After a week of feet up and R.I.C.E.ing my knee, it was great to get back in the saddle today, went well.  Amazing how much cardiovascular (CV) fitness you lose in just a week. For most endurance athletes, it can take as little as 7-14 days for your aerobic fitness to start declining. What you initially can expect to lose is primarily the gains that you’ve made in the last 1-3 months of training, while sport-specific muscular losses are even greater than CV loss. The good news is you’ll get it back.  With patience and not significantly ramping up the volume and intensity too soon, you can get back on track within a well-structured 3-6 weeks of training.  This is where a coach is worth their weight in gold, because they’ll help “reel you in”, set realistic goals, and specifically prescribe a training plan that addresses your strengths, weaknesses, and what sidelined you from training. I’ll be covering this – a week, several weeks, as well as general Annual degradation of VO2max and other performance markers in my book You Can Do This! Optimal Performance Strategies for the Endurance Athlete:  A Comprehensive Guide for Coaches & Athletes in Cycling, Running, and Triathlon coming out in 2018. So don’t despair, you can get your gains back! 

Stay tuned for other excerpts in the coming months, and when pre-orders will go live. 

Todd Parker is a World-Renowned Cycling & Triathlon Coach, Influencer within the Sports & Fitness Industries, and Corporate Wellness Consultant – consulted by Coaches, Athletes, Corporations, Governing Bodies, and Sports Supplement, Gear, and Apparel Companies Worldwide. Todd is one of the most sought after Coaches, Trainers, and Authors to train with, test products, and to have guest lecture or author within the United States and Europe. A former Professional Triathlete, Todd is also an Elite Cyclist, Cycling & Triathlon Coach, Personal Trainer, Strength & Conditioning Specialist, Exercise Physiologist, Author, Public Speaker, Guest Lecturer, and Professor with a Masters Degree in Exercise Physiology & Human Performance. You can reach Todd at: TP2Coaching@gmail.com , by appointment only, or at his secure site https://toddparkertrainingprograms.com/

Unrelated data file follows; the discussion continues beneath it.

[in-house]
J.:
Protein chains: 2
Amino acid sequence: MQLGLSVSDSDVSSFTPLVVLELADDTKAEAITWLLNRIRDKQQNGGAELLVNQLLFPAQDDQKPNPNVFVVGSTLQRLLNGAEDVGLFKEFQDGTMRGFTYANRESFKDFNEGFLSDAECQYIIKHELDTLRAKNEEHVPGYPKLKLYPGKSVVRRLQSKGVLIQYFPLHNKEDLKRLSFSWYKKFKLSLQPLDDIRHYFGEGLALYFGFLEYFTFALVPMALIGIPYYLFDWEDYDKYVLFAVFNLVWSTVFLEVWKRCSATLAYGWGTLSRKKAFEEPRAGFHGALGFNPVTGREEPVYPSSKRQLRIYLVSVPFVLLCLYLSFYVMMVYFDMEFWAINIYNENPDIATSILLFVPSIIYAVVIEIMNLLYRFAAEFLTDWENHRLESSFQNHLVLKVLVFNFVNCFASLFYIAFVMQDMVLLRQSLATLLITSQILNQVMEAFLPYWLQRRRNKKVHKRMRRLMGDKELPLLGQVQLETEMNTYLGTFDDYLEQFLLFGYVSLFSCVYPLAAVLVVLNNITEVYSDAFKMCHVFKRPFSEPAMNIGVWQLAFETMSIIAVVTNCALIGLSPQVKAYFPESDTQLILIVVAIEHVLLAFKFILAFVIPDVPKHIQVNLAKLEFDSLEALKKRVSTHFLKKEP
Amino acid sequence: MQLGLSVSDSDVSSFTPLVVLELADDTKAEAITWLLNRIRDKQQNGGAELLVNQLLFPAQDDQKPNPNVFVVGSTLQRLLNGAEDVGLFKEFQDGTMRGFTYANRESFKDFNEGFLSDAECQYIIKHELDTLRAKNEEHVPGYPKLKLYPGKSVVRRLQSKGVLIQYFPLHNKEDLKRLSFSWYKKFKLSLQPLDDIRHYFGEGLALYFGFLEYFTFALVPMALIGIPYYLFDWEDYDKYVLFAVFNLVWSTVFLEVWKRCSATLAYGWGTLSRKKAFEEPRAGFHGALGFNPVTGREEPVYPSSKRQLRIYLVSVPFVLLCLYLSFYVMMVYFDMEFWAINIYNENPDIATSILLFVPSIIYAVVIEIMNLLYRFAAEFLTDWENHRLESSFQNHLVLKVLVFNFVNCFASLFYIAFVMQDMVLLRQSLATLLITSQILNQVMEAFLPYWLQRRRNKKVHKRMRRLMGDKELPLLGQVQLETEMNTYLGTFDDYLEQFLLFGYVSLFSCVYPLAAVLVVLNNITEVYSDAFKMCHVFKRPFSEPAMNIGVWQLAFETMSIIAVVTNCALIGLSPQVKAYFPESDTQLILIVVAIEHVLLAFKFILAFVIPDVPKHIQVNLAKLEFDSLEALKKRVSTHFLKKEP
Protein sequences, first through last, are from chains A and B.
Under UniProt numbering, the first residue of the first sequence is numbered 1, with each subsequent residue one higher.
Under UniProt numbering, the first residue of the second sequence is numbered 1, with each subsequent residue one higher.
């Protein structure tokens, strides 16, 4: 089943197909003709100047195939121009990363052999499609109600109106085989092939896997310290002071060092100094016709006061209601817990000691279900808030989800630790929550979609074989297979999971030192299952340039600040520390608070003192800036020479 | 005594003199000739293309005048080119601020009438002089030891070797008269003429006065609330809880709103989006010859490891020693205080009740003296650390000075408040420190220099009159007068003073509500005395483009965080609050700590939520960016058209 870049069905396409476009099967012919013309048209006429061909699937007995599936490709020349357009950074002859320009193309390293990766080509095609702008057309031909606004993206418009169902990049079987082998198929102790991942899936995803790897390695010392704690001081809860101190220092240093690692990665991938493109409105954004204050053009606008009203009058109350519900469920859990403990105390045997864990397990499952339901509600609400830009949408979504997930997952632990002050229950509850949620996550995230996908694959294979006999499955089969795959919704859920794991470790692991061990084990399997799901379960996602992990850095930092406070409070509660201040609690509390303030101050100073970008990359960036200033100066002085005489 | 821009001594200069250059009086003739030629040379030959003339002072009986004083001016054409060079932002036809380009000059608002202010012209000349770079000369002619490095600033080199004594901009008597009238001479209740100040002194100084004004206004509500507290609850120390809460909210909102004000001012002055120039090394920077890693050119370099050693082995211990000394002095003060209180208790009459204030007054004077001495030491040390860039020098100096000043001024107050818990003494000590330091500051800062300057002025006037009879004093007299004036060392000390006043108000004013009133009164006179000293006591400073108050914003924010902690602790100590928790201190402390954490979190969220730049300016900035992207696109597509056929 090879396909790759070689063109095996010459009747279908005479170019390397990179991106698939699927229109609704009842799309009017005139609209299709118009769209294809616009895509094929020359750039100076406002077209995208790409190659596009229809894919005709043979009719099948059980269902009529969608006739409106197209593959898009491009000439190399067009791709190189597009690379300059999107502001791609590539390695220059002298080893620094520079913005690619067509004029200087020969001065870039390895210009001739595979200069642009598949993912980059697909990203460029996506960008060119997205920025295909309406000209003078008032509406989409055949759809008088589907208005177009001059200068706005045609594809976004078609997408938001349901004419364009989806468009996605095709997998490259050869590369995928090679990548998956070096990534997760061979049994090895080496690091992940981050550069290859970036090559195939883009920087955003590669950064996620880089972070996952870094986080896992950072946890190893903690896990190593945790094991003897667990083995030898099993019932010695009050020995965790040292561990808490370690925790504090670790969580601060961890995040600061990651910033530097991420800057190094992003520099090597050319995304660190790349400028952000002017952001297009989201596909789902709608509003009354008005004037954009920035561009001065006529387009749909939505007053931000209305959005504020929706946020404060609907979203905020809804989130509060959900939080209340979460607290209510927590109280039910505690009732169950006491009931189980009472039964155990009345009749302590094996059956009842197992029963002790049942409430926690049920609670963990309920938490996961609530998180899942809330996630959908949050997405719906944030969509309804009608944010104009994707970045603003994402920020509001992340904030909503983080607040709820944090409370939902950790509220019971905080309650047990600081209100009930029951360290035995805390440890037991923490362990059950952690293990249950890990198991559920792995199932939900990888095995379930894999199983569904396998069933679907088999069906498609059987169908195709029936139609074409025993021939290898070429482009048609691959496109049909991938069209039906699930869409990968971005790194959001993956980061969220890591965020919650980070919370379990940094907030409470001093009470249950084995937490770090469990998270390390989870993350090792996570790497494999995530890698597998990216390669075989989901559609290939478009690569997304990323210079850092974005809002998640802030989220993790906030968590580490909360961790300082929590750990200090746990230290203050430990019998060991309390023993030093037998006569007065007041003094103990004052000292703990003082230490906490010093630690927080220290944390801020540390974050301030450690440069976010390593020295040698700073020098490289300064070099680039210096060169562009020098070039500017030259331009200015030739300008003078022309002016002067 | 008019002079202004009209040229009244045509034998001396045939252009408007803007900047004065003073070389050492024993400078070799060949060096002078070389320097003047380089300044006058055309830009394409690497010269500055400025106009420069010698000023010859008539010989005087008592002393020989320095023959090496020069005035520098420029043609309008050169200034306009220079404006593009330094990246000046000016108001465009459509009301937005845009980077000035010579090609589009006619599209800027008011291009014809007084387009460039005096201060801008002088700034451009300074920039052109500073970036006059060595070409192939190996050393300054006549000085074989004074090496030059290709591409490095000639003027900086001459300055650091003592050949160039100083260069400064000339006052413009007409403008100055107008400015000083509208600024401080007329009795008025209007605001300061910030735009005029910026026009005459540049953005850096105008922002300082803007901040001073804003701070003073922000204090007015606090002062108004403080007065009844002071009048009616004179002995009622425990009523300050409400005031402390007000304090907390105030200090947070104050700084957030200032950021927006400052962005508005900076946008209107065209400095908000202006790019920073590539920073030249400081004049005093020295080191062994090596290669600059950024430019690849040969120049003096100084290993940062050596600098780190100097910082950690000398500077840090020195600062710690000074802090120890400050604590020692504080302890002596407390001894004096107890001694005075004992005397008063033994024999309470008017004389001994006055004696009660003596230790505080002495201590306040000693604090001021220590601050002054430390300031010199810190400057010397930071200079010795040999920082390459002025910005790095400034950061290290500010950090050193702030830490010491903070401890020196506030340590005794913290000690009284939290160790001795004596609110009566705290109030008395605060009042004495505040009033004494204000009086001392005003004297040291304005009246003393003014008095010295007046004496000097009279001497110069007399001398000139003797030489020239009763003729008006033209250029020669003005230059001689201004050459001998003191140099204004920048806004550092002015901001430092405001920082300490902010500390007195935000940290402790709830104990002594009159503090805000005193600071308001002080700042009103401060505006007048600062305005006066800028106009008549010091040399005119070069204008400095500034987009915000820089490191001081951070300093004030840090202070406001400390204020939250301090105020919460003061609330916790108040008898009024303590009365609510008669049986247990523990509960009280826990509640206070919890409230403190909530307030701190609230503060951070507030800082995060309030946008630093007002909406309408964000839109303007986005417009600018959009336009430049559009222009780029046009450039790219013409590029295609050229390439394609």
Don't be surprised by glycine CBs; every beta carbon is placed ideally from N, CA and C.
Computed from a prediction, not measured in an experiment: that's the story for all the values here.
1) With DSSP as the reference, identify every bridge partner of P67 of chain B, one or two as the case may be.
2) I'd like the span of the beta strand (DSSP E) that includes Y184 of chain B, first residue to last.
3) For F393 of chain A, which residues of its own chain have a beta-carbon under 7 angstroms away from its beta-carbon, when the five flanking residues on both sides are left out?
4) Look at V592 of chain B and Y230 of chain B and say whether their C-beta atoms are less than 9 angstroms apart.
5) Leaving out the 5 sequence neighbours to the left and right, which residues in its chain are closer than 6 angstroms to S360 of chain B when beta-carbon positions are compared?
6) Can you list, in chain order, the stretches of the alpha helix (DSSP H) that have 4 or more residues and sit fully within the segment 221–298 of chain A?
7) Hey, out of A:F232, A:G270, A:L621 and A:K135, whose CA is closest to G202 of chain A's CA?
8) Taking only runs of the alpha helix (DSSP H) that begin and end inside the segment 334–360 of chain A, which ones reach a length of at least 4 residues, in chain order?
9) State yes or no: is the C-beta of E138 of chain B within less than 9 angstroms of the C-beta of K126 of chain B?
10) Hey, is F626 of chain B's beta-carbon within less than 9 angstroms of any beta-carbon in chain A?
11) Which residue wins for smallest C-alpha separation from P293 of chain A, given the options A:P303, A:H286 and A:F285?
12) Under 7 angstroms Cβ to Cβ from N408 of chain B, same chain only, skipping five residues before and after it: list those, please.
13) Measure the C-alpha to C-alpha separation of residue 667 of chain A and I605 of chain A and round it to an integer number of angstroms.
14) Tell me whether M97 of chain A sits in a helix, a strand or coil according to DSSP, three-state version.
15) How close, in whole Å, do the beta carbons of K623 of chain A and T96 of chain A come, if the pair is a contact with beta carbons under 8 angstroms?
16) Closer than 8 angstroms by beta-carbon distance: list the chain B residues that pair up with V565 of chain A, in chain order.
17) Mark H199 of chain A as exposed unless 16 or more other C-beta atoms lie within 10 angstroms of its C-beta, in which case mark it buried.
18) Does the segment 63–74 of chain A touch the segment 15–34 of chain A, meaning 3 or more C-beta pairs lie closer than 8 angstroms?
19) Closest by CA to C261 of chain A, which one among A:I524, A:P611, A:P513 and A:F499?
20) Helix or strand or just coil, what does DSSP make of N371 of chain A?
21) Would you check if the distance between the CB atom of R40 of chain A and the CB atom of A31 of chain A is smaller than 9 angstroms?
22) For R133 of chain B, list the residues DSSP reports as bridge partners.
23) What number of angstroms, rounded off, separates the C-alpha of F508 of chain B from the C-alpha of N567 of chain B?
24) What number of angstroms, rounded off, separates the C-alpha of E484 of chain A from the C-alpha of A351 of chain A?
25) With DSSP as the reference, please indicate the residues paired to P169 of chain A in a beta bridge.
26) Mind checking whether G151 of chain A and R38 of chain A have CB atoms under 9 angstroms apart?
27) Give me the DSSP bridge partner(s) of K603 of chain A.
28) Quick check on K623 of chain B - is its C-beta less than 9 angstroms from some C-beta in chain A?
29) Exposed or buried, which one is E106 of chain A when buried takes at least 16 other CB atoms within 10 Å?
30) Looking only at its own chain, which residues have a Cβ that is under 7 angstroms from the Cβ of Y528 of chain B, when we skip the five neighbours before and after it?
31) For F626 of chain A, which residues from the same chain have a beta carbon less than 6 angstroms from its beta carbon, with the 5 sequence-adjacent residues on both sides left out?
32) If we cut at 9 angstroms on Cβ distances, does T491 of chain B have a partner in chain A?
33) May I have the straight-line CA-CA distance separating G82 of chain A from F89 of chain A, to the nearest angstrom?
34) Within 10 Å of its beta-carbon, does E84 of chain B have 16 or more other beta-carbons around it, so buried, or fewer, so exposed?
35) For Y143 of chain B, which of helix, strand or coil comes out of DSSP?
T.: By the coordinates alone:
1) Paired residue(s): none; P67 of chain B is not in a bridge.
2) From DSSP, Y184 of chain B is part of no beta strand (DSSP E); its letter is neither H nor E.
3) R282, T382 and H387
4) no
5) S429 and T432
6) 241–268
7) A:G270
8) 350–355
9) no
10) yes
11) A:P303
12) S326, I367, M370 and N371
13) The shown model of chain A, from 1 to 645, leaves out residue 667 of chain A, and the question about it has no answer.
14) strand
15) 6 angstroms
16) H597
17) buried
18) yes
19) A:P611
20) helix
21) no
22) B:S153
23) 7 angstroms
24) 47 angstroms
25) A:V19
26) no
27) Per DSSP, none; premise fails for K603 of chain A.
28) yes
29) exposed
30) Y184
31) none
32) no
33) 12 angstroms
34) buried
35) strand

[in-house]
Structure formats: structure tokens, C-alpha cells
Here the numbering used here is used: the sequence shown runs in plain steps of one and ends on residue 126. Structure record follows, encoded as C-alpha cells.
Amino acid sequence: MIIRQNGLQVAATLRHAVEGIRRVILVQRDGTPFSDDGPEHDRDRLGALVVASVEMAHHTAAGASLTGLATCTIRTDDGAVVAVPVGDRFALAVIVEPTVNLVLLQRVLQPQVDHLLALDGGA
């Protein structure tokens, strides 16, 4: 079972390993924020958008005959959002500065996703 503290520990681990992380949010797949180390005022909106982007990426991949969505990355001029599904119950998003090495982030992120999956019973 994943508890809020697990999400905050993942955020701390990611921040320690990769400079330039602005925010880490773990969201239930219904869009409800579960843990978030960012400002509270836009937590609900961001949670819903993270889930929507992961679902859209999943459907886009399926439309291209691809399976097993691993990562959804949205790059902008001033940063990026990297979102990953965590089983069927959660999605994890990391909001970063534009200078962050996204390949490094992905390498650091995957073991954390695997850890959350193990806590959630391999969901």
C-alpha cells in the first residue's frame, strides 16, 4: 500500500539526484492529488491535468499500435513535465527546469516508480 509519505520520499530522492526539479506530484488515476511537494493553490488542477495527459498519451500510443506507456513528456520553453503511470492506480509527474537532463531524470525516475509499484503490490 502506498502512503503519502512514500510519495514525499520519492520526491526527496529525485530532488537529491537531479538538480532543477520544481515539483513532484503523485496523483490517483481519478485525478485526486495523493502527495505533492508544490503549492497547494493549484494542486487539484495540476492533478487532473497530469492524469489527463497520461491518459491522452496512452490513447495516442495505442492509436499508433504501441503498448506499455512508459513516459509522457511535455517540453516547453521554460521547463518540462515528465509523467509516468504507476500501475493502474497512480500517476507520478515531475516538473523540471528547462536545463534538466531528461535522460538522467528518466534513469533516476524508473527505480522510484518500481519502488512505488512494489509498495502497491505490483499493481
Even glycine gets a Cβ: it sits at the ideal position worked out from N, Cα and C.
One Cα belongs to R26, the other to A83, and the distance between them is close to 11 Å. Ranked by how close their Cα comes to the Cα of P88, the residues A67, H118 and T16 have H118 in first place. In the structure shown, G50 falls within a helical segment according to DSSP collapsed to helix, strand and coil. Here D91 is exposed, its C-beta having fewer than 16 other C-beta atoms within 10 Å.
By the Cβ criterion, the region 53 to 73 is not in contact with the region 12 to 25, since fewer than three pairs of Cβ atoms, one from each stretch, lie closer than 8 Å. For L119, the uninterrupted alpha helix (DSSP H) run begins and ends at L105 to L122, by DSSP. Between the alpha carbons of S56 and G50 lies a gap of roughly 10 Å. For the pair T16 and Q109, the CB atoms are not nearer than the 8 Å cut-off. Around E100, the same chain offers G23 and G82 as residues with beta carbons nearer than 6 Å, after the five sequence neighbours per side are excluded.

You’ll get an all-inclusive 16-week Training Plan for a 100-mile Gran Fondo or Century. This plan is (generally) for Beginners or “First-timers”. Besides the 16-week plan, you’ll get a 23-page Gran Fondo Guide that is loaded with excerpts from some of my published articles, and all kinds of tips and instructions on how to prepare yourself (climbing techniques, descending techniques, riding/racing tactics, fueling and hydration, mental preparation and “tricks”…etc.), and your gear for a successful first attempt at completing your 100-miler! $45 Contact https://toddparkertrainingprograms.com/contact/  

 

 

“Components of Training. Every training session should have a the following critical components: a goal or goals, a warm-up (WU), specific range of intensity periods, a distance or time (volume), and a cool-down (CD) or recovery period at the end – with preferably some sport-specific stretching during the rehydrating and refueling period.